Servicing Philips TV Tester 808/TVT
It must be somewhere around the mid of 1980s that I got a chance to include TVs in the range of electronic devices that I repaired. It was during that time, TV was introduced for the first time in Bangalore. Only B/W TVs were in the market at that time. After learning the technology from books and practical experiences, when I started house visits for rectification of defective TVs, it became necessary for me to have at-least the basic tools. That is how I bought this wonderful tool, Philips TV Tester 808/TV that has RF and Audio output, with signal level controls for both.
When we connect the RF output to the Aerial socket, we get thick bars on the screen, indicating that all is well with the TV! This was very useful, as in the beginning, transmission was not for 24 hours. It was restricted to a few hours in a day with breaks in between. Just like a Radio. As working on a set without Telecast Signal was required quite often, this tool has helped me trouble shoot many video and audio problems in TV as well as Amplifiers!
During one of my trouble shooting works on an Amplifier, this broke down recently, and I had to set that right before I could proceed further. I opened the Tester and you can see the inner parts:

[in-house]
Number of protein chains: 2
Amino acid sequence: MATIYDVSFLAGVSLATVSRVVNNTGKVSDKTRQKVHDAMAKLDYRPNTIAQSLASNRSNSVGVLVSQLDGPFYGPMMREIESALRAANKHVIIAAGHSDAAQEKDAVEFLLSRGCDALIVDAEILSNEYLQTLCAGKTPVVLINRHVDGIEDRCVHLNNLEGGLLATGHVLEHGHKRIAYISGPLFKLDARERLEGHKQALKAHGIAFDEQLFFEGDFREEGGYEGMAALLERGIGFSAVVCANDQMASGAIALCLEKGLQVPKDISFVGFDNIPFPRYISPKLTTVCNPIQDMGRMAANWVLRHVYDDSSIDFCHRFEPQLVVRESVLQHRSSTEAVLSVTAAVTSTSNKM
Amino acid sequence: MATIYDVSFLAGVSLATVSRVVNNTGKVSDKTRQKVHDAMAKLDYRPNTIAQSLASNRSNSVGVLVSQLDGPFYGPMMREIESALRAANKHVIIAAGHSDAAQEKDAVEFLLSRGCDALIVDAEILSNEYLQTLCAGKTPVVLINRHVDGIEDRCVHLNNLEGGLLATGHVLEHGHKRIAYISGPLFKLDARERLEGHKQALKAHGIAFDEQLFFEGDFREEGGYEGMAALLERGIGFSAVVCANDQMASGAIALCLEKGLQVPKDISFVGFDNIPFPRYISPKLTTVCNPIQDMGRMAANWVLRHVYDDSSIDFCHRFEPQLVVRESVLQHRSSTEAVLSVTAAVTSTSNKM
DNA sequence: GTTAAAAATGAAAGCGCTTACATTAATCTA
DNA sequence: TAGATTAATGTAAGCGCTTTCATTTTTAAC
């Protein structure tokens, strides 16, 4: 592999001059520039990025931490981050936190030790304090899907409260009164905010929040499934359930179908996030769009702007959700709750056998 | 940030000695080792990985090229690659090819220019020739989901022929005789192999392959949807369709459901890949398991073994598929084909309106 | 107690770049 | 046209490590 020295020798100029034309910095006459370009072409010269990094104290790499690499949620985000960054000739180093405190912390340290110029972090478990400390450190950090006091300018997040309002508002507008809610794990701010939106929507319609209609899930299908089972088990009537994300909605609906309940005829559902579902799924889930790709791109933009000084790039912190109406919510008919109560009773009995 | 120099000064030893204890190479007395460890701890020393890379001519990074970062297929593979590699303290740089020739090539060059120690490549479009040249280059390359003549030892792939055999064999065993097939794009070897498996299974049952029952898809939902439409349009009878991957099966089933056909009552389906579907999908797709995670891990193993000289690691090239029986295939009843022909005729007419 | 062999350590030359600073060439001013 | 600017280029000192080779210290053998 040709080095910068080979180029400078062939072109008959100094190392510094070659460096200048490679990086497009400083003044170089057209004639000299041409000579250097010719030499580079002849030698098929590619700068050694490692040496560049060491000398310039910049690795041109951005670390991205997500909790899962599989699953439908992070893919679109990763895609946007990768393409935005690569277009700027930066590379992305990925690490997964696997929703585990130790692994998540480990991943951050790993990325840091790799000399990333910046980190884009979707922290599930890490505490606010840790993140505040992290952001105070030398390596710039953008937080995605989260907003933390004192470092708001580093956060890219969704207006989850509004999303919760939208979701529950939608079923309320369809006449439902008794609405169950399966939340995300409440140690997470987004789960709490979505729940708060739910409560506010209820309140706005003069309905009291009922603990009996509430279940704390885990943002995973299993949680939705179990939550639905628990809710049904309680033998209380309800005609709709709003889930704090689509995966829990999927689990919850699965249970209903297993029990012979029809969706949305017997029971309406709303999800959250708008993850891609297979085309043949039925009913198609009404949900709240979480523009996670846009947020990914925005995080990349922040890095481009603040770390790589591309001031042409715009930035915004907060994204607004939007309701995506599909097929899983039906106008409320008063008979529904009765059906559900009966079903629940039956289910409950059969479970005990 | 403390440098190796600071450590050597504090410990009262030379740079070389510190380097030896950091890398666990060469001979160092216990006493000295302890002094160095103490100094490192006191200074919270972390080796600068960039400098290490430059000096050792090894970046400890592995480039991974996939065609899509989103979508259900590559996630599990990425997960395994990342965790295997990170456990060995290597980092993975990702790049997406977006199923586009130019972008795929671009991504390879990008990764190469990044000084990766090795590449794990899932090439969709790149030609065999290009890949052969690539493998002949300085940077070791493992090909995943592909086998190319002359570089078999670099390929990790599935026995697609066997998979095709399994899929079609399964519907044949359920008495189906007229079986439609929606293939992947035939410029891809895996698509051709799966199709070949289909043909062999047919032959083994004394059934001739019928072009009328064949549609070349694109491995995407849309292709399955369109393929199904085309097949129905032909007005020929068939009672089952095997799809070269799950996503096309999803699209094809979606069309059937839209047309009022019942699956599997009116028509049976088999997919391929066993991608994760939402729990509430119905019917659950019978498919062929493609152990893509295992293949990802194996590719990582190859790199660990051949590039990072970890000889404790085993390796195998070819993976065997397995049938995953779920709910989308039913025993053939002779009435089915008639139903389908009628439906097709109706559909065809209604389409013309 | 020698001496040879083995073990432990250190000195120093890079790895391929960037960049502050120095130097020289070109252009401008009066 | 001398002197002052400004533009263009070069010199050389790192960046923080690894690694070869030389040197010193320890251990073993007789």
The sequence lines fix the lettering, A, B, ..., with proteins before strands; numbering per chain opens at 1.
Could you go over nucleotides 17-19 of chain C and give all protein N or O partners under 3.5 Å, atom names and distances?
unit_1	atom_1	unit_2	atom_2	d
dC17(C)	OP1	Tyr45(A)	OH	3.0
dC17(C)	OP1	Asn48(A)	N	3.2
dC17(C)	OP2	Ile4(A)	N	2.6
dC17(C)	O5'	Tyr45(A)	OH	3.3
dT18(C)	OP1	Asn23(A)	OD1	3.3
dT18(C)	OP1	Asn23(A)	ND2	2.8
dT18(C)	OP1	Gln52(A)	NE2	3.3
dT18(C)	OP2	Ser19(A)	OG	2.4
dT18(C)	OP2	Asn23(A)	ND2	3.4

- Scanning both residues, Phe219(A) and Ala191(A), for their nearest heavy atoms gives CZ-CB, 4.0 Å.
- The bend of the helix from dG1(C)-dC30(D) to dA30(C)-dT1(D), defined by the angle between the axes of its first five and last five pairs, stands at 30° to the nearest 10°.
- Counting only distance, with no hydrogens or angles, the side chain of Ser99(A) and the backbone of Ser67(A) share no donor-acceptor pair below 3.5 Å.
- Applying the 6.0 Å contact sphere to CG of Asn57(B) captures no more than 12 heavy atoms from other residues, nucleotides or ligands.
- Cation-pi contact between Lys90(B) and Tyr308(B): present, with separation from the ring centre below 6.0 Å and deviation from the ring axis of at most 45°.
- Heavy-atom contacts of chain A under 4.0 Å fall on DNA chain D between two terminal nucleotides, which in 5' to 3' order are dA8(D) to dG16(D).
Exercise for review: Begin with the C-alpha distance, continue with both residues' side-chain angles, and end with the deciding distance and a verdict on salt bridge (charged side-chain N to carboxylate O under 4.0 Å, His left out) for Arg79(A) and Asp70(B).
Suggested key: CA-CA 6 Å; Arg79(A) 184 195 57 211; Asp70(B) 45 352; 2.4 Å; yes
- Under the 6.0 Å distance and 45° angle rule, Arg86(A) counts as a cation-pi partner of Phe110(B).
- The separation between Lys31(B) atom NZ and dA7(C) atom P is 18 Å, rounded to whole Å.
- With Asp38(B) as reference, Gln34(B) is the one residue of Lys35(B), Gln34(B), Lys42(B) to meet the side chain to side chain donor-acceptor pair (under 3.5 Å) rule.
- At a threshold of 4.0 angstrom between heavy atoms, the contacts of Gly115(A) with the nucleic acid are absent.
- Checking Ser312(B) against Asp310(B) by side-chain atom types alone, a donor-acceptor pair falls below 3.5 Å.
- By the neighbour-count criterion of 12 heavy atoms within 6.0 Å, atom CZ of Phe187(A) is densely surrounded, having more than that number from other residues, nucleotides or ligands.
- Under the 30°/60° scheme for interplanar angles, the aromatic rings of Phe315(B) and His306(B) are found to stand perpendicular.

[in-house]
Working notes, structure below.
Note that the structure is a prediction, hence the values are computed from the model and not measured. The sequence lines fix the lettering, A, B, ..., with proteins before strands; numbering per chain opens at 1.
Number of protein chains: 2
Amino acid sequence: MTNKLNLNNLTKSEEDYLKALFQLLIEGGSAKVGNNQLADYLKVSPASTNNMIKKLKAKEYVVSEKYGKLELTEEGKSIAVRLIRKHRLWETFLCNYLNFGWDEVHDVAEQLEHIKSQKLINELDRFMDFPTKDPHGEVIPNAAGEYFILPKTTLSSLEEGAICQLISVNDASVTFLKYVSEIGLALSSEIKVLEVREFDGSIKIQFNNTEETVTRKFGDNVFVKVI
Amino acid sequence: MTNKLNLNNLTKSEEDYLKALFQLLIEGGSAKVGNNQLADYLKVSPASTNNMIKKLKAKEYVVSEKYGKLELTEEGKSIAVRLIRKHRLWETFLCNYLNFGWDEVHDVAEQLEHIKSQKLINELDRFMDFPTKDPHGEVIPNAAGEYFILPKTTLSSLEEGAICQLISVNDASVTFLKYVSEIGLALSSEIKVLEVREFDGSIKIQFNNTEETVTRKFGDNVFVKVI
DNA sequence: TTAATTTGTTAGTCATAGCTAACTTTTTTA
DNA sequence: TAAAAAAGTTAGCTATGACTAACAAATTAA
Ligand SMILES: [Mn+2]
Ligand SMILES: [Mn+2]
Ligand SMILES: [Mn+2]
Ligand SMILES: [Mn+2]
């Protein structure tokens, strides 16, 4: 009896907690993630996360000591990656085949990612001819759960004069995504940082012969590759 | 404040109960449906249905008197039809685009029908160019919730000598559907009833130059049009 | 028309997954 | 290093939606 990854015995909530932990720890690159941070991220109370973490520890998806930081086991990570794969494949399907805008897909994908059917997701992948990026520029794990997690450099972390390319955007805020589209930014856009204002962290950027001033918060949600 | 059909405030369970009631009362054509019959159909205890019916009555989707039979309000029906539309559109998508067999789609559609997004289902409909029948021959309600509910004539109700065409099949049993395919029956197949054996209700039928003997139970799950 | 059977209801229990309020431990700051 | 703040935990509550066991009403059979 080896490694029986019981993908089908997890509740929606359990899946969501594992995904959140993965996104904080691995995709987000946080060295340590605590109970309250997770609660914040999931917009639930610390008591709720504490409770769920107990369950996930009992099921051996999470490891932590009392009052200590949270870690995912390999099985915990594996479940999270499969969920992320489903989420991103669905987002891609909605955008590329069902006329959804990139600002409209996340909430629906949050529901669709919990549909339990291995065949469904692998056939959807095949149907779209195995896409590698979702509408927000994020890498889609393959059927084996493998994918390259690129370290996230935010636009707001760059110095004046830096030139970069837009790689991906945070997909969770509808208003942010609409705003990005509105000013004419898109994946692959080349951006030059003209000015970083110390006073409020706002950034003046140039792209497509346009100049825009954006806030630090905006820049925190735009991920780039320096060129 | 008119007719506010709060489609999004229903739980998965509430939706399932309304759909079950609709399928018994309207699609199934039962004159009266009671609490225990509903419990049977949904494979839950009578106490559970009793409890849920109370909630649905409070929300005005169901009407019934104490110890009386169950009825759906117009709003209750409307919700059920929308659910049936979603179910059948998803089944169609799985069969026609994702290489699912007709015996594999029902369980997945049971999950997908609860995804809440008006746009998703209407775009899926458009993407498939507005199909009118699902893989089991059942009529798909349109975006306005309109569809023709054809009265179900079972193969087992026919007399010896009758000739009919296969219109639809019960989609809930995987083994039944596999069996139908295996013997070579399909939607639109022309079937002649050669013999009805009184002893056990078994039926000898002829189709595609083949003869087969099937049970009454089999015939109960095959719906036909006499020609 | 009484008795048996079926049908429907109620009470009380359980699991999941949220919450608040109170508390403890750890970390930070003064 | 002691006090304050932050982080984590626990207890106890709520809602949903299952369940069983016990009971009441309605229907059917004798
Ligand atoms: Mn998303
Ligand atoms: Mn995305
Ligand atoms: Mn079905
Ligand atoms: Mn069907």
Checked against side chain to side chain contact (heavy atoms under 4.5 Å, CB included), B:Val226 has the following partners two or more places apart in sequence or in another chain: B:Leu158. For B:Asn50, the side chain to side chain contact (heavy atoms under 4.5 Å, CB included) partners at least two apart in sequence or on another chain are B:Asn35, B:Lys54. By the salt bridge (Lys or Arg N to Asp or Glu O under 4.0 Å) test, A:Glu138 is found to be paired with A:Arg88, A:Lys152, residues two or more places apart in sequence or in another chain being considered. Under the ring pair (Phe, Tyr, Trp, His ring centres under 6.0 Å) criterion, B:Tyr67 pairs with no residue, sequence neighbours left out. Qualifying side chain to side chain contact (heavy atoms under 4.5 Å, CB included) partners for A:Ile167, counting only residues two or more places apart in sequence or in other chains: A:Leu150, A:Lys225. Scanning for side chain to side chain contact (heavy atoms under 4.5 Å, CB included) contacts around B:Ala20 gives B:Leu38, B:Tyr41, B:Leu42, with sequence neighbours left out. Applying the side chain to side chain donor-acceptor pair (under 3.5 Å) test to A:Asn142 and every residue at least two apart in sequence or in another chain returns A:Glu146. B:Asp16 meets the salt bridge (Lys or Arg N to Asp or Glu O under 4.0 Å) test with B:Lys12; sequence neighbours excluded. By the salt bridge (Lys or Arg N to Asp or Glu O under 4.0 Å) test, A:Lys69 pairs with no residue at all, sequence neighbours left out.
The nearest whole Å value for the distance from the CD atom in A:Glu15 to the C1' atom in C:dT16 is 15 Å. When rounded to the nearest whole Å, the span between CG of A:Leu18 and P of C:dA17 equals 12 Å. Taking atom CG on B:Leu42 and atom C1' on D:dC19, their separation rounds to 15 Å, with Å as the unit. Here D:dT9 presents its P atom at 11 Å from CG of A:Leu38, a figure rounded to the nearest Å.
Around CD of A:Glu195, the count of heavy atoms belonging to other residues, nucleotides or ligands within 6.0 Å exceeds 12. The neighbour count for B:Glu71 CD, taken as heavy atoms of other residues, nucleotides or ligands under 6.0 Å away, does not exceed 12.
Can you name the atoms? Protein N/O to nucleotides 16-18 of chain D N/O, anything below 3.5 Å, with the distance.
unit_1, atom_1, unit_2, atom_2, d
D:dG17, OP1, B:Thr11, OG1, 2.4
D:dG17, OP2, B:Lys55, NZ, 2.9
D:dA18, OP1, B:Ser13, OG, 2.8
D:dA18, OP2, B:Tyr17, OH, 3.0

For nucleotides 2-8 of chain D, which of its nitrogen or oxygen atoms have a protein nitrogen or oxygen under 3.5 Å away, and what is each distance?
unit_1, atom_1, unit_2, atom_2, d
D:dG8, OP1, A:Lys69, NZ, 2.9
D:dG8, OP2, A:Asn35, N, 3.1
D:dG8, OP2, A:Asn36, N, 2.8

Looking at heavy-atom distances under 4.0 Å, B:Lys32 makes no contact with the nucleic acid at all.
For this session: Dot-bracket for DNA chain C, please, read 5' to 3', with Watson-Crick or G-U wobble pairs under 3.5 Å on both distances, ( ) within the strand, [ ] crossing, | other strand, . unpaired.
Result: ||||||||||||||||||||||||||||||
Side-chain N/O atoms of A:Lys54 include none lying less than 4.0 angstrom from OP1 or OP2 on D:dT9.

On checking the transistors, which are the most likely components that could fail, I found out that all was not well with one BC148A transistor, which comes at the final stage of Audio output. So, removed it and tested it with my Peak Atlas, which showed the transistor was faulty:
Replaced it with a BC548, and checked the output in my oscilloscope and found that the signal was ok for this type of basic audio generator. The first picture below is that of Audio and second is of RF (There was no defect in this circuit), which is not a modulated signal:
So assembled it back:
It becomes necessary for almost all of us to trouble shoot our tools first many times, and this was one such. I thought of sharing this with you all, as this tool is a unique device, which may not be very common. Unfortunately, this was discontinued by Philips long back! The fact that it failed only after working for so many years, shows what was the quality of products available that time! I forgot to mention that I retouched all the solder joints and cleaned the PCB thoroughly as a preventive maintenance. This device does not use any electrolytic capacitors.
This article was prepared for you by Parasuraman Subramanian from India. He is 66 years old and has more than 30 years’ experience in handling antiques equipment Valve Radio, Amps, Reel Tape Recorders and currently studying latest techs classes conduct by Kerala State Electronics Technicians’ Association. He was a BBA graduate, retired as MD of a USA company.
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